assessments of 1 per cent. each of a salary in the
custom house, $15,000 is said to have been raised.
One of the officers there, John Orsa, is said to have
presented to the Empire Club several hundred
hickory clubs, to enable them to beat away from the
polls the Whig votes, for which Nebel& act he
seems to have received a vote of thanks from said
Empire Club.
To ascertain the extent of this influence on the
whole country is not easy, but the number of office
holders in the State of New York alone is such as
to account for a greater number of votes than Mr.
Polk's actual majority there.
Prom Mr. Clay's character; political experience,
and associations, It was known that his selections
for office would be made from the best men in the
country. All of the old defaulters, therefore—all
mere needy adventurers, without character to sip
port their claims for office, having nothing to hope
from him, naturally arrayed themselves on the
other side.
Without doubt, too, they are right, to some extent,
who suppose this to have been the case, another
influence, not probably political. The gambling
portion of the community, finding, at the beginning
of the canvass, that they could not get persons to
bet against Mr. Clay, did so themselves, with large
odds in their favor, and afterwards devoted a por
tion of the many millions staked to effect the result
desired by them.
Yet, with all the acquisitions and advantage; I
which I have been recounting, our adversaries were
too prudent to rest secure. They knew that the
Constitution had provided no mode by which the
fairness of a Presidential election could be contes
ted, and no means of purging the polls of illegal
votes. If a vote were received by the inspector of
the election at each precinct, and by them returned,
it mattered not whether the person professing to
give it w ere qualified to vote or not at that place.
They therefore, by means of the system of organi
zation already described, deliberately formed a wide
ly extended plan for the purpose of securing a
sufficient number of illegal votes to carry States
enough to secure the election of Mr. Polk. The
first demonstration seems to have been made in the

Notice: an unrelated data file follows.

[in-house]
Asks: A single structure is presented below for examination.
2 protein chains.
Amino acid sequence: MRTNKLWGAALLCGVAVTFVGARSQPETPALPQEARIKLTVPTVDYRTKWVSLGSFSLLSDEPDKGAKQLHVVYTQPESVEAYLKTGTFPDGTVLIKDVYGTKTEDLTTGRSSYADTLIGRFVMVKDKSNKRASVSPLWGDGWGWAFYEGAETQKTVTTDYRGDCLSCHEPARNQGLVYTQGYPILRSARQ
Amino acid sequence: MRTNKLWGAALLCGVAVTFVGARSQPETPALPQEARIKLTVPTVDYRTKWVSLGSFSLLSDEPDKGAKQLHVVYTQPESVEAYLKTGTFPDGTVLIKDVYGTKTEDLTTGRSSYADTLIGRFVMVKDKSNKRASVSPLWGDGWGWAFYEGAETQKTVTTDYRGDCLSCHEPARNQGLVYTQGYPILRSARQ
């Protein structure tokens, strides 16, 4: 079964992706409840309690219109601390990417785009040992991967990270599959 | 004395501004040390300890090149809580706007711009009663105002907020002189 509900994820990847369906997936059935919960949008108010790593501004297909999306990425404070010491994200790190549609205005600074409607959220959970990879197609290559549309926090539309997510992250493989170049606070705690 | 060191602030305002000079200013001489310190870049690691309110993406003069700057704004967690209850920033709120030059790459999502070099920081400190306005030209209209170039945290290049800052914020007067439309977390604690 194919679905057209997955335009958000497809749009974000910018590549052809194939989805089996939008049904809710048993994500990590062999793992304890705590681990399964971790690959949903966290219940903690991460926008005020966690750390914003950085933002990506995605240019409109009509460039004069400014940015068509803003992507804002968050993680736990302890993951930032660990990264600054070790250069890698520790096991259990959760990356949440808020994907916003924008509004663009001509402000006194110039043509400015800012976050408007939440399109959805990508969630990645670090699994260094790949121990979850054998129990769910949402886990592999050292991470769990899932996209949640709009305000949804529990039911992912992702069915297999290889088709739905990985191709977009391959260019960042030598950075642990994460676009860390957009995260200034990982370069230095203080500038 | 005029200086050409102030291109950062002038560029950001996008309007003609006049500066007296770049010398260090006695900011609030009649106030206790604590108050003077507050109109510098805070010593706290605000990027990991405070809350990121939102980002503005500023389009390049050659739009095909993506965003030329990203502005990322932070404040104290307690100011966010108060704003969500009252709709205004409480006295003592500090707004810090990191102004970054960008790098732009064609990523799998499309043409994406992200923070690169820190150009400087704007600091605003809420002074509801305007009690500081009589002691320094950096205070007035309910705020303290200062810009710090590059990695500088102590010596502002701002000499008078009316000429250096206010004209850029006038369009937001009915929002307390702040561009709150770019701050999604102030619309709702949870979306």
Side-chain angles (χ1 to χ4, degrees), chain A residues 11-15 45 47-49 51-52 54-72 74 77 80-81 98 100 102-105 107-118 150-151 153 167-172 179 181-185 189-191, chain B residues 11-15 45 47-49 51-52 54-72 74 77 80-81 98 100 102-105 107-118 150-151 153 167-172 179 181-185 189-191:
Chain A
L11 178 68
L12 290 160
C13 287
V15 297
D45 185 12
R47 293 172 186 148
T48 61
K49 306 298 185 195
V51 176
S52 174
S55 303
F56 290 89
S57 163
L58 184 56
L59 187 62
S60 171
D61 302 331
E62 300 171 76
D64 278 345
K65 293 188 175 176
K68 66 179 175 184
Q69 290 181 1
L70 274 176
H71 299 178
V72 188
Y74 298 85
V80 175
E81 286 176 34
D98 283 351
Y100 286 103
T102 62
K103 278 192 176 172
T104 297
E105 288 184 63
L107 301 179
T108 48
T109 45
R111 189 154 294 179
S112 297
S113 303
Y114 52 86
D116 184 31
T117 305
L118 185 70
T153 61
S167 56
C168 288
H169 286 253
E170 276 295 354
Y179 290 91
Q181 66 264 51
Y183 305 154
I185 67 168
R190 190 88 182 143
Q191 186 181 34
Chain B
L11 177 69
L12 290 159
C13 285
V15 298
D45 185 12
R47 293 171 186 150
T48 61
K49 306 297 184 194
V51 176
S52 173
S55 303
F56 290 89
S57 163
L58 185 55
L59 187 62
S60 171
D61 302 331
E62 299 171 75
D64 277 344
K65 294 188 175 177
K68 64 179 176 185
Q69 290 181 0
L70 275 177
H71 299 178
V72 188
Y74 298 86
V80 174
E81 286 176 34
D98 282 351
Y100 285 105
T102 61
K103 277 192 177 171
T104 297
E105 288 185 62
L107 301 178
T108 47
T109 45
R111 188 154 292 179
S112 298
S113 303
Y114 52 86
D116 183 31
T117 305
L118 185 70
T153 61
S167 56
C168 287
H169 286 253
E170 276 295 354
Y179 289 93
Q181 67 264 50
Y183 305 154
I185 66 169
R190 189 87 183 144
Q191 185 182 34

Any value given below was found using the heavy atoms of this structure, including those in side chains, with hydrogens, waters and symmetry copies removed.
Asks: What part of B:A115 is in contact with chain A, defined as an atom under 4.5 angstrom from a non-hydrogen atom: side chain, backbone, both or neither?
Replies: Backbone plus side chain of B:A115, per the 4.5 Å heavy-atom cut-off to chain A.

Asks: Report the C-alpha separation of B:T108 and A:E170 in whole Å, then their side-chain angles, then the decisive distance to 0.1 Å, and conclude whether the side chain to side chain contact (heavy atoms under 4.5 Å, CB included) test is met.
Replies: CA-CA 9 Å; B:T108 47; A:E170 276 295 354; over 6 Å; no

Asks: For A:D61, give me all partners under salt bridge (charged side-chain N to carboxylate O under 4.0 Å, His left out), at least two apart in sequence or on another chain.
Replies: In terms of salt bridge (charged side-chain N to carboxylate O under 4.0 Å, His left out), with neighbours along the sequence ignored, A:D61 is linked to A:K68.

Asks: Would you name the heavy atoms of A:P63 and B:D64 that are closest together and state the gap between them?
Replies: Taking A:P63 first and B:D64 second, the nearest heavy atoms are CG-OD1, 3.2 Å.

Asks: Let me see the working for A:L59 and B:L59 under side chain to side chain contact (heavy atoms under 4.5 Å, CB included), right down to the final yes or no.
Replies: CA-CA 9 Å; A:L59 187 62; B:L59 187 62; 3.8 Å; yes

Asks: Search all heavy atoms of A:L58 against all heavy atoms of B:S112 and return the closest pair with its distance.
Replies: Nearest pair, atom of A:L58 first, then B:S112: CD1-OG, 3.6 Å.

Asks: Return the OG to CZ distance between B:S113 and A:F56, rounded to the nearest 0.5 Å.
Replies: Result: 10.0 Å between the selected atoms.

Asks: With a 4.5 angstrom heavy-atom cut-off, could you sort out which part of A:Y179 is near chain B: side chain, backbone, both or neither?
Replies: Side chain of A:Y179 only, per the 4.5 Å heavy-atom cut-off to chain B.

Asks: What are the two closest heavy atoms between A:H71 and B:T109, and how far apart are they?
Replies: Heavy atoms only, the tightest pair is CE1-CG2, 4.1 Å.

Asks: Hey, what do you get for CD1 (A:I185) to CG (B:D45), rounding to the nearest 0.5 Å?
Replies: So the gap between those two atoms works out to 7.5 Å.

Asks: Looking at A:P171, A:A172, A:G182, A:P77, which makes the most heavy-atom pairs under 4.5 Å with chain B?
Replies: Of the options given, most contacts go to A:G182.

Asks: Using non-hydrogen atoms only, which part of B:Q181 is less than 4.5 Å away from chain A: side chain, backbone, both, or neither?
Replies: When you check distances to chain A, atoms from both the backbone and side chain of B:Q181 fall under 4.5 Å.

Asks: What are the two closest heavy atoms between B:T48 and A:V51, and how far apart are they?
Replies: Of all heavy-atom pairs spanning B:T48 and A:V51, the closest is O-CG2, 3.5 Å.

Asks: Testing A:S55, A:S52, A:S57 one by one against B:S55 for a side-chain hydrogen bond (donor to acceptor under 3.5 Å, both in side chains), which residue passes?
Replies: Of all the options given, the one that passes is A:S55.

i city of Baltimore in the October election. There
lit was that they gave a vote so much larger than
' was ever polled at any preceding election, as to sat
isfy all persons that fraud had been practiced.—
laveatigations singe then hiss mode it manifest that
the increased vote was owing not only to the fact
that many persona voted not authorized at all to
vote there, but that likewise those qualified had in
some instance voted two, three, or more times at
different precincts in the city. About fifty persons
have already been convicted and sentenced to pun
ishment for this offence by the Court, not one of
whom is a Whig, though they have been pardoned
from time to thus by the Democratic Governor
there. The fraud here was but the precursor of
what followed.
The great State of New York claims the first no
tice. During the past year there were naturalized
there not less than seven thousand foreigners. This
was effected entirely by the Democratic party, the
Whigs having no office provided for that purpose,
because, as I learn, there is not one of these for
eigners out of fifty who will vote the Whig ticket.
Of this large number a great proportion, not
having been five years in the country, could
not be legally naturalized, and their votes, therefore,
when given, were illegal.
Men who had not been one month in the coun
try, from the penitentiaries of Europe, unacquain
ted even with the language in which they were
sworn, voted for what they knew not.
But the principal frauds were practiced by what
is called double voting. The city of New York
was the great theatre where this was consummated.
As the Empire Club bore such a prominent part in
these transactions, I must devote a remari: or too
to it. It was organized in July last, and it consisted
of gamblers, pickpockets, droppers, burners, thim
ble-riggers, and the like, and its association seems
to have been then mainly for the purpose of carry
ing on successfully these and similar trades. Most
of its members had been repeatedly indicted for
crimes. Its general character, however, may be
sufficiently inferred from that of some of its officers.
Its President was Isaiah Rynders, often arrested for
thimble-rigging and similar offences. He and Jo
seph Jewell, being indicted for murder, fled from
New York to New Orleans. By the by, I may
here mention that this Jewell, who has indictments
for murder in two different cases hanging up against
him, was the standard bearer of the Club, anil figu
red as the bearer of the Texas banner in the pro